Five years or so ago I discovered my link to Jessie McLachlan nèe McIntosh. I remember the discovery well; it all began with a wedding certificate. The wedding certificate between my ‘blood uncle’ and Jessie seemed straightforward enough, a typical document. I’d say nothing special, but we all know these seemingly simple documents mean a good deal to family historians. I do not know what happened that day which brought me to google her name, but somewhere between Celtic Women’s ‘I See Fire’ and ‘Tír na nÓg’ Jessie’s name was run through the search engine. Imagine my surprise when I was faced with the fact she had been accused of murder – or had she?
My mind was a muddle, was this her? Surely not! I went back over the documents, and again. I went so far as to double-check the whole line – was James McLachlan really my uncle? I think I ran through that for days just checking and checking again. My emotions towards her story swung rapidly between ‘She must be guilty’ to ‘She was certainly innocent’.
Eventually, I needed a book – were there any? My first read would be Alan Veale’s ‘The Murder Tree’, if you have not read it, I highly recommend it. His belief in her innocence kept me going, and he had a good summary of the crime itself. Next up it was necessary to purchase William Roughead’s ‘Notable Scottish Trials: Trial of Jessie McLachlan’. Roughead’s book is quite thick and certainly a bit tough if you are not entirely willing to sit and read – it is extremely thorough. I happen to have my copy signed by the ‘Murder, Mystery and My Family’ team from my time on the show.
Skip forward to 2021 and there I was sitting in Edinburgh’s ‘National Records of Scotland’ reading the Duke Street Prison records of 1862. The records look at Jessie’s day-to-day interactions, her emotions, what she said and did – they even detailed when she awoke, rose, washed, slept and at points what and how much she ate. There appear to have been three main wardresses, one woman during the day and two at night. Margaret Galbraith took the role of daytime wardress working from 8 am to 8 pm. Agnes Broadley and Margaret Wilson took the night-time role, from 8 pm to 8 am.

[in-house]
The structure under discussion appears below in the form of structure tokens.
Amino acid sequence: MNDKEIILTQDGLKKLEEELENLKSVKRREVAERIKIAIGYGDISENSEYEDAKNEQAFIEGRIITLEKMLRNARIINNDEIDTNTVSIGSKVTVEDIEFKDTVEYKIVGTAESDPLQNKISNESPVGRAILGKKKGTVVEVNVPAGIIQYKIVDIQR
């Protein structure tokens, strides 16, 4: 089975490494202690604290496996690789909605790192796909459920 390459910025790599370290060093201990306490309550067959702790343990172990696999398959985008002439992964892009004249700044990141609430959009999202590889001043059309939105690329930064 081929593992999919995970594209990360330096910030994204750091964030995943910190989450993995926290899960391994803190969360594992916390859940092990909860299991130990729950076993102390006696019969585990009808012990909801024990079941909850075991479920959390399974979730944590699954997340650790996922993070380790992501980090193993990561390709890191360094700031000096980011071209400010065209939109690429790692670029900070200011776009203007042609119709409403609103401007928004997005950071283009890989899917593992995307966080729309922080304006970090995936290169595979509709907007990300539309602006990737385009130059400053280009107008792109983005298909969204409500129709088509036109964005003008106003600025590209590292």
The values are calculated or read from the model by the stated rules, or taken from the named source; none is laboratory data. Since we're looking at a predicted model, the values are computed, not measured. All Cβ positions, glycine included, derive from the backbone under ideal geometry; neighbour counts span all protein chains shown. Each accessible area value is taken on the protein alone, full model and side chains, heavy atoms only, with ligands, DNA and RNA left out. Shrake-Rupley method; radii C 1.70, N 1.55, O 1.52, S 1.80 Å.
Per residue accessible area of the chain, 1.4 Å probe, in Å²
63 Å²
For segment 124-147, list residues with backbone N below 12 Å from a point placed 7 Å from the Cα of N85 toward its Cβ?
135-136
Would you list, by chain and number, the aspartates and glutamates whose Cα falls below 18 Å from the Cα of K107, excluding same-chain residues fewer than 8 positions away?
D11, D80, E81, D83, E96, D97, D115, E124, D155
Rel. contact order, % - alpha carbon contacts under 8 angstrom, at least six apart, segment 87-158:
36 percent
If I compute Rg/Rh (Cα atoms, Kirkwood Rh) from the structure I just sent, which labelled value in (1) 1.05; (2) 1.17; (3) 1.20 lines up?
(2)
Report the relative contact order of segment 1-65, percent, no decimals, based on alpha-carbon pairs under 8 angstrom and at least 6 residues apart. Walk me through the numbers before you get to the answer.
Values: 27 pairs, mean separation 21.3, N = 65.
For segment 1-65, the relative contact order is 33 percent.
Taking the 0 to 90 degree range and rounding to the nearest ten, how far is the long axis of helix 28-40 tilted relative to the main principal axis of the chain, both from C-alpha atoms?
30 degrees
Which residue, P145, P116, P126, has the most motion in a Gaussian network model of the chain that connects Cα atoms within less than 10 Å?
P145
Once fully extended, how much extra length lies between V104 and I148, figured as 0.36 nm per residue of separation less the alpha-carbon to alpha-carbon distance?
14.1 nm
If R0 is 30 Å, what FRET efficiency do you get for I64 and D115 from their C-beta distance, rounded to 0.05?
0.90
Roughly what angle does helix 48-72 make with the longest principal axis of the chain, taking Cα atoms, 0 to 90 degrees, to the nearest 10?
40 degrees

Margaret Galbraith was from Dalmellington, Ayrshire, approximately 28 years of age. She appears to have been quite kind to Jessie though in truth we will never know for she took the notes. Agnes Broadley was from Glasgow and approximately 34 at the time she cared for Jessie alongside Mary Wilson who has been difficult to trace.
There are many interesting points throughout these notes, I wish to highlight a few though if you are interested in the case, I do encourage you to go along and visit the National Records of Scotland to read the notes in their entirety.
First Point – Psalm 109
On the 22nd of September Agnes Broadie and Mary Wilson write that Jessie McLachlan requested the hundred and ninth psalm to be read. Let’s not forget this is all but a few days after her being sentenced to death by Lord Deas.
The Psalm I believe sets out exactly how Jessie was feeling at this point:
2 For the mouth of the wicked and the mouth of the deceitful are opened against me: they have spoken against me with a lying tongue.
3 They compassed me about also with words of hatred; and fought against me without a cause.
4 For my love they are my adversaries: but I give myself unto prayer.
5 And they have rewarded me evil for good, and hatred for my love.
6 Set thou a wicked man over him: and let Satan stand at his right hand.
7 When he shall be judged, let him be condemned: and let his prayer become sin.
8 Let his days be few, and let another take his office.
9 Let his children be fatherless, and his wife a widow.
10 Let his children be continually vagabonds, and beg: let them seek their bread also out of their desolate places.
11 Let the extortioner catch all that he hath; and let the strangers spoil his labour.
12 Let there be none to extend mercy unto him: neither let there be any to favour his fatherless children.